Saturday, June 18, 2011

An Engagement and A Recipe

I speak often about my dear niece, Toni
and what a sweetheart she is.
She met her Prince and they are planing a wedding.
From the moment I met Joe I knew they were a perfect match for one another. He is an awesome guy and I am excited to see what the future holds for them.
Toni and Joe came over Sunday afternoon and I took some engagement photos.
We really enjoyed talking with them and catching up with this dear couple over an easy dinner.
For dessert I made a treat that I knew would remind Toni of her time in Missouri where she attended the University of Missouri while studying for her Masters degree.
I researched recipes and information about this regional favorite called
St. Louis Gooey Butter Cake.
from Wikipedia:
Gooey butter cake is a type of cake traditionally made in the U.S. city of St. Louis, Missouri. It is generally served as a type of coffee cake and not as a dessert cake. There are two distinct variants of the gooey butter. There is a bakers gooey butter and a cream cheese and yellow cake mix variant. It is believed to have originated in the 1930s.

The St. Louis Convention & Visitors Commission includes a recipe for the cake on its website, calling it "one of St. Louis' popular, quirky foods"; the recipe calls for a bottom layer of butter and yellow cake, and a top layer made from eggs, cream cheese, and in this case almond extract. The cake is dusted with confectioner's sugar before being served.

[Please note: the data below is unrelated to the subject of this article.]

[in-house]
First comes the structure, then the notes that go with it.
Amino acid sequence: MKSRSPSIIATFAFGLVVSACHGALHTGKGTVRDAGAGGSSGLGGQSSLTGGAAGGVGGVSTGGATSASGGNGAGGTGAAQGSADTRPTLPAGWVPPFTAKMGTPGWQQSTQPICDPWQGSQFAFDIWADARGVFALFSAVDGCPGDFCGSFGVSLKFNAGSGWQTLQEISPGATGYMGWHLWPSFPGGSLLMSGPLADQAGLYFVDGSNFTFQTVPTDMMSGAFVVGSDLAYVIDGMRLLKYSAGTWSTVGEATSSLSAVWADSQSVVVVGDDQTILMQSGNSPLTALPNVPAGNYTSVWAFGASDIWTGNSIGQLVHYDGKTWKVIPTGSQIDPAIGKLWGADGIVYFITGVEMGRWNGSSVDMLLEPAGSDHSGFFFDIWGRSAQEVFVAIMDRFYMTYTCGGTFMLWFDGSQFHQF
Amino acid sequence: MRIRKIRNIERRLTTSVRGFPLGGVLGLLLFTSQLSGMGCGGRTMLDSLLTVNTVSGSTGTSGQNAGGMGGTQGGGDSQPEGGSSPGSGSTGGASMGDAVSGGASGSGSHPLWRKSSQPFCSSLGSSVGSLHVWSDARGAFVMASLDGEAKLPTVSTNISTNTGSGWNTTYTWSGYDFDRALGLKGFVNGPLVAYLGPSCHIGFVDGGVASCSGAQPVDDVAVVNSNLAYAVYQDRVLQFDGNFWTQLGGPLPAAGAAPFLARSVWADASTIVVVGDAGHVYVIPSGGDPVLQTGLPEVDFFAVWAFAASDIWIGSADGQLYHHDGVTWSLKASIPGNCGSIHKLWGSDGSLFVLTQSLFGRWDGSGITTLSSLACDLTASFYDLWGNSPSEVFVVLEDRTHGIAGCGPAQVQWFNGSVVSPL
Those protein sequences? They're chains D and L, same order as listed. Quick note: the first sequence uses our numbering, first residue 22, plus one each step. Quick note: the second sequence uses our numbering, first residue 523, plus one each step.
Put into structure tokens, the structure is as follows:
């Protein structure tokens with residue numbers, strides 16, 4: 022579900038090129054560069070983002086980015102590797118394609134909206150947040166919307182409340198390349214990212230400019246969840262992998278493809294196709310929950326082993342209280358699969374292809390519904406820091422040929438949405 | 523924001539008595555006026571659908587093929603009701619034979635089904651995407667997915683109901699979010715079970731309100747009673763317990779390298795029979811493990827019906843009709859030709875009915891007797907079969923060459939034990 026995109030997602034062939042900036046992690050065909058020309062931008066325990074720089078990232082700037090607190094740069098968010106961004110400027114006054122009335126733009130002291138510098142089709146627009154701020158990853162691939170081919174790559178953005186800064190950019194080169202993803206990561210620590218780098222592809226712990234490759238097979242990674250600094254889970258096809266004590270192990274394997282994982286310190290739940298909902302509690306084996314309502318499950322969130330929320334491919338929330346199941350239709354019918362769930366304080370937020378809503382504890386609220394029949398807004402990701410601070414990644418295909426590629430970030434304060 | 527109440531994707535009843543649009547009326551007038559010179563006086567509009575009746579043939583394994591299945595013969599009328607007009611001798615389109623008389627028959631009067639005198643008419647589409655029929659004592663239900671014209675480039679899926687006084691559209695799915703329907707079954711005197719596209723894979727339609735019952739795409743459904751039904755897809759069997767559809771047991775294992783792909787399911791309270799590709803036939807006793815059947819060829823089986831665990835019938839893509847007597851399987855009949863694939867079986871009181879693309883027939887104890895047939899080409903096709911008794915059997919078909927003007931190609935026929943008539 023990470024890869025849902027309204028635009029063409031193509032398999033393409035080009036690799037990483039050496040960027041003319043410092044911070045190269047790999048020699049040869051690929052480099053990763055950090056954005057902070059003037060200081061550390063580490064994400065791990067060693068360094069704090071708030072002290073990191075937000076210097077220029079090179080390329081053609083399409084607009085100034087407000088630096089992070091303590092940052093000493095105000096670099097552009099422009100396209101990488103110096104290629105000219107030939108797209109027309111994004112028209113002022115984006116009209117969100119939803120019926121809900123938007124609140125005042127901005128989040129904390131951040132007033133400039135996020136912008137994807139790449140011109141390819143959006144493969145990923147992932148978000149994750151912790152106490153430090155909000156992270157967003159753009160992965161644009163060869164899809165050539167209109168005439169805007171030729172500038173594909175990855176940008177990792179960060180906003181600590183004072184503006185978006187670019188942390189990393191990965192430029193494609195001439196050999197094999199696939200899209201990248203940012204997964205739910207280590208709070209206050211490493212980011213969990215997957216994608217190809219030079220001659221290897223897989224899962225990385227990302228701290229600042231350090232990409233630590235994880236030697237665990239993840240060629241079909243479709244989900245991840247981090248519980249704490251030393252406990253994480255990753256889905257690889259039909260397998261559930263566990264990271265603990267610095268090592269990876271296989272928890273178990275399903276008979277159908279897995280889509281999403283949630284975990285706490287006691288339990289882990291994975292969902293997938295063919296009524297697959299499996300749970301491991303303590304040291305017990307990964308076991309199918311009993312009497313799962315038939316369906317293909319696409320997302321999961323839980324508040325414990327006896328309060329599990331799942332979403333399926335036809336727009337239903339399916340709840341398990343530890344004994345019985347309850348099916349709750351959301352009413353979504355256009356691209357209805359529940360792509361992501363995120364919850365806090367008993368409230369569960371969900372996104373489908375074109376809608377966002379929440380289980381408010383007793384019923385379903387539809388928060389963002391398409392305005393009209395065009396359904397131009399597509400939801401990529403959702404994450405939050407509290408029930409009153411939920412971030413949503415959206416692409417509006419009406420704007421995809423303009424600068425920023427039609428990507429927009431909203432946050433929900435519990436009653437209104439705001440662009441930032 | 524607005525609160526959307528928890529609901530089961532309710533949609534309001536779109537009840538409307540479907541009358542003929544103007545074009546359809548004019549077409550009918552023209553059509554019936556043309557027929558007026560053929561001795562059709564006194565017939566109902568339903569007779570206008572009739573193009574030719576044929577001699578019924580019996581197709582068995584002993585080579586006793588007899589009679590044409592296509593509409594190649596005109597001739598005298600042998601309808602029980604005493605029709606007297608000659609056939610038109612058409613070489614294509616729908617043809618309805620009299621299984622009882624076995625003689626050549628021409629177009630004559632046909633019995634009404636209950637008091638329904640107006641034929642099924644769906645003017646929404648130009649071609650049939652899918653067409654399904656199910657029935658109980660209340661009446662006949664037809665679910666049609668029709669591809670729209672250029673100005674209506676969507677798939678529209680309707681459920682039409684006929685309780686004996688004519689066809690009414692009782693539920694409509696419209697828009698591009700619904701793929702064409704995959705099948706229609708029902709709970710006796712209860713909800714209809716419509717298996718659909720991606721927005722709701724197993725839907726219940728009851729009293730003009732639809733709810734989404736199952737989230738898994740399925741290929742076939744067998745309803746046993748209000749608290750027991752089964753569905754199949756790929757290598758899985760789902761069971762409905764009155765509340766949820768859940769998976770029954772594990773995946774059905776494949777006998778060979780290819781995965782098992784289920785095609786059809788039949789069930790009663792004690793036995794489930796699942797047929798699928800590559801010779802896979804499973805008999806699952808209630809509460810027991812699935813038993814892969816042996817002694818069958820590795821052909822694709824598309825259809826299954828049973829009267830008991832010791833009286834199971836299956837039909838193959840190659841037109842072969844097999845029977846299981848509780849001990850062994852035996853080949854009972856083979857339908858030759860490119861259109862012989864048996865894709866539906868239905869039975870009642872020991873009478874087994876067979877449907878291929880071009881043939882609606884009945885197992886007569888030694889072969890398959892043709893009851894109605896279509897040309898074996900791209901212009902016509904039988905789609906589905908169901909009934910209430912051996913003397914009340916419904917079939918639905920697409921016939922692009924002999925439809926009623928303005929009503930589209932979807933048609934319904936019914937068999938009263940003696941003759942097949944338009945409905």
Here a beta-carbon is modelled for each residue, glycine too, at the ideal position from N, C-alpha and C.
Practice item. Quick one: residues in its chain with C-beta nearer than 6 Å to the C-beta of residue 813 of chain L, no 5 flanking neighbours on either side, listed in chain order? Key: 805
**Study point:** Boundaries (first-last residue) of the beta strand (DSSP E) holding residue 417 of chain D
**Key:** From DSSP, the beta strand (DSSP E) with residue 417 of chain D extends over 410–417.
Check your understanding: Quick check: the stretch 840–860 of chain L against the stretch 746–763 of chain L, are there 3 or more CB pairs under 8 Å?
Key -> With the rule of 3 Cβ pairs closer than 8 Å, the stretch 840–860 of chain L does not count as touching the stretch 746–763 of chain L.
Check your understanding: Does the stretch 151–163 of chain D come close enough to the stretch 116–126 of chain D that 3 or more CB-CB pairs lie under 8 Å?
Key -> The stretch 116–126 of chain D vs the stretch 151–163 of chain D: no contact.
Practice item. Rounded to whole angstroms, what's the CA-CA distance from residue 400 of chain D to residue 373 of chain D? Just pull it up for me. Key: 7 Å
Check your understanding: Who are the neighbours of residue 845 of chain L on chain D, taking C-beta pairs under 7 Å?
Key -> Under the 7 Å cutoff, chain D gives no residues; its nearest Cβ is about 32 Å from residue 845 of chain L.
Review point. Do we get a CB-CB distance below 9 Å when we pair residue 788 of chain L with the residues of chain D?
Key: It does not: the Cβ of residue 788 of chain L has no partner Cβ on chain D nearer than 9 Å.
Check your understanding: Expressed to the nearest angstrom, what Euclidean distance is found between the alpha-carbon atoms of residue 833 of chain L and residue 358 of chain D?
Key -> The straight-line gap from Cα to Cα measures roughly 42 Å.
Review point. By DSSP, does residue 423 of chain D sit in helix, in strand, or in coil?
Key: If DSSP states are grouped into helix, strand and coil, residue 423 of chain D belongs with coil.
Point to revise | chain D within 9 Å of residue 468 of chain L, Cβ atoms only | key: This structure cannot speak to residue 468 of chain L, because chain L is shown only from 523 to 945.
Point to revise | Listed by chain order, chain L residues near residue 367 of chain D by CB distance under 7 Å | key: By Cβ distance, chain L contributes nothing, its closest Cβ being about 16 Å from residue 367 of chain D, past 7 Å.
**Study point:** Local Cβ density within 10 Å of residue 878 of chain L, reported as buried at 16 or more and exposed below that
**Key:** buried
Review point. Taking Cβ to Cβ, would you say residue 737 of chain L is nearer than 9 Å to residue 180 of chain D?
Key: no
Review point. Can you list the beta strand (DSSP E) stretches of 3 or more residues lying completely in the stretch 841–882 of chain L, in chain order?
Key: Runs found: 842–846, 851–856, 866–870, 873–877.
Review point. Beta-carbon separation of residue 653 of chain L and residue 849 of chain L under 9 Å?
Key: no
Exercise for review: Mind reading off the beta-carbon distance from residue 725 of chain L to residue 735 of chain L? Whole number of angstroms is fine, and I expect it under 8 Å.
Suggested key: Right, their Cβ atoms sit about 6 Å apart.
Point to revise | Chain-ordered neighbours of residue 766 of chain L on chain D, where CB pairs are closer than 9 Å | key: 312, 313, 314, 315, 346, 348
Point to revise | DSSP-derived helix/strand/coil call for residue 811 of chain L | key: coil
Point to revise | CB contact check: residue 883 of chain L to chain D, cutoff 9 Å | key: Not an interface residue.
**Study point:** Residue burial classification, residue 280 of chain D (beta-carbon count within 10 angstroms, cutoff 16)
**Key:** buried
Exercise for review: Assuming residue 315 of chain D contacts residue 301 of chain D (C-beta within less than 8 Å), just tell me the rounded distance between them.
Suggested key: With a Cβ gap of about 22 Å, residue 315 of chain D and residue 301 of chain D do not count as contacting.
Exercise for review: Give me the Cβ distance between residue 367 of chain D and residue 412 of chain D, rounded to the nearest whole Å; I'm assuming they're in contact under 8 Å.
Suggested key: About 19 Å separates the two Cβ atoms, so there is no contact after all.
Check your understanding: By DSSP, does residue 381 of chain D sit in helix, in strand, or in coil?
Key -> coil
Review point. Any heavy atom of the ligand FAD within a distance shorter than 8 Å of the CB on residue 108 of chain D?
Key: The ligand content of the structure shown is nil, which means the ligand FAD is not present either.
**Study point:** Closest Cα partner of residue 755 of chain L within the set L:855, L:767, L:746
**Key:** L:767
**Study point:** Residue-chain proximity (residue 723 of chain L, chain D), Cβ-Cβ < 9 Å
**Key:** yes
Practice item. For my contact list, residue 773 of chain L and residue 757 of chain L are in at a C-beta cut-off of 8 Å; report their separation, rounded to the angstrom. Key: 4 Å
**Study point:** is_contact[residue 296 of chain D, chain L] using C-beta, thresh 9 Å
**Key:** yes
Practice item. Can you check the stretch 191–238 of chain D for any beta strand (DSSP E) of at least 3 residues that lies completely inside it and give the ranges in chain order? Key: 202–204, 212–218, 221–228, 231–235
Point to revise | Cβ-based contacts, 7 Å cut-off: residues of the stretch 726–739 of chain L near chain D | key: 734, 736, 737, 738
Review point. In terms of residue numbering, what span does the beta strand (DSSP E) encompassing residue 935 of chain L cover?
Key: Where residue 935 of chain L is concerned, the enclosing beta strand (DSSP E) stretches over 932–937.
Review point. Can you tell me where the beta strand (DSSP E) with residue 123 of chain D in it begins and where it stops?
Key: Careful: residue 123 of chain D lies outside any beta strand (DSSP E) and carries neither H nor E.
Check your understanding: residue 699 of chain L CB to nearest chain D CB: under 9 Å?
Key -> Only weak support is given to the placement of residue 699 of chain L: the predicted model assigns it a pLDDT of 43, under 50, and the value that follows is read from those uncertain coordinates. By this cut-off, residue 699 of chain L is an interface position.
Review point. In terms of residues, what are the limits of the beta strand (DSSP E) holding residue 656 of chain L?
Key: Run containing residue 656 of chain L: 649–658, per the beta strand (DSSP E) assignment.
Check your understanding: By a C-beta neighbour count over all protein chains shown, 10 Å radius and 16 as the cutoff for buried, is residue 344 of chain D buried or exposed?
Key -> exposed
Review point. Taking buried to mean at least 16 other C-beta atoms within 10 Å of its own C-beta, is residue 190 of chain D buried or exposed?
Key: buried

The following recipe is one very similar to the cake Toni enjoyed in Missouri.
It is very sweet and very good!
Gooey Butter Cake Recipe

1 (18-ounce) package yellow cake mix
1 large egg
1/2 cup butter, melted
1 (8-ounce) package cream cheese, room temperature
2 eggs
1 teaspoon pure vanilla extract
4 cups powdered (confectioners') sugar
Powdered (confectioners') sugar for dusting top

Preheat oven to 350 degrees F. Lightly grease a 13- x 9-inch baking dish.

In a large mixing bowl, combine yellow cake mix, egg, and butter. Press mixture onto bottom of prepared baking dish; set aside.

In a medium bowl, beat cream cheese until creamy; add the 2 eggs and vanilla extract. Blend in powdered sugar until well mixed. Pour batter into the crust-lined baking pan.

Bake 30 to 40 minutes or until cake is nearly firm when you shake if (you want the center to be a little gooey, so do not over cook the cake). Remove from oven and let cake cool in the cake pan on a wire rack.

When cool, remove to a serving plate and sprinkle with powdered sugar.

If making ahead of time, refrigerate in an airtight container up to one day.

Makes 9 servings.

 Sit Relax and Read

Wednesday, June 15, 2011

Easy Parmesan Risotto

I love this Ina recipe ~ easy and tasty.
One of the reasons I love her.
Barefoot Contessa
how easy is that?
excerpt from Ina's book:
While not technically a classic Italian risotto, this sure is easy. I found the process for this recipe in a book by Donna Hay, the wonderful cookbook writer from Australia. I make it with my homemade chicken stock, lots of freshly grated Parmesan, and frozen peas. Risotto in the oven? You have to make this to believe it!
Easy Parmesan "Risotto"
·         1.5 cups Arborio rice
·         5 cups simmering chicken stock, preferably homemade, divided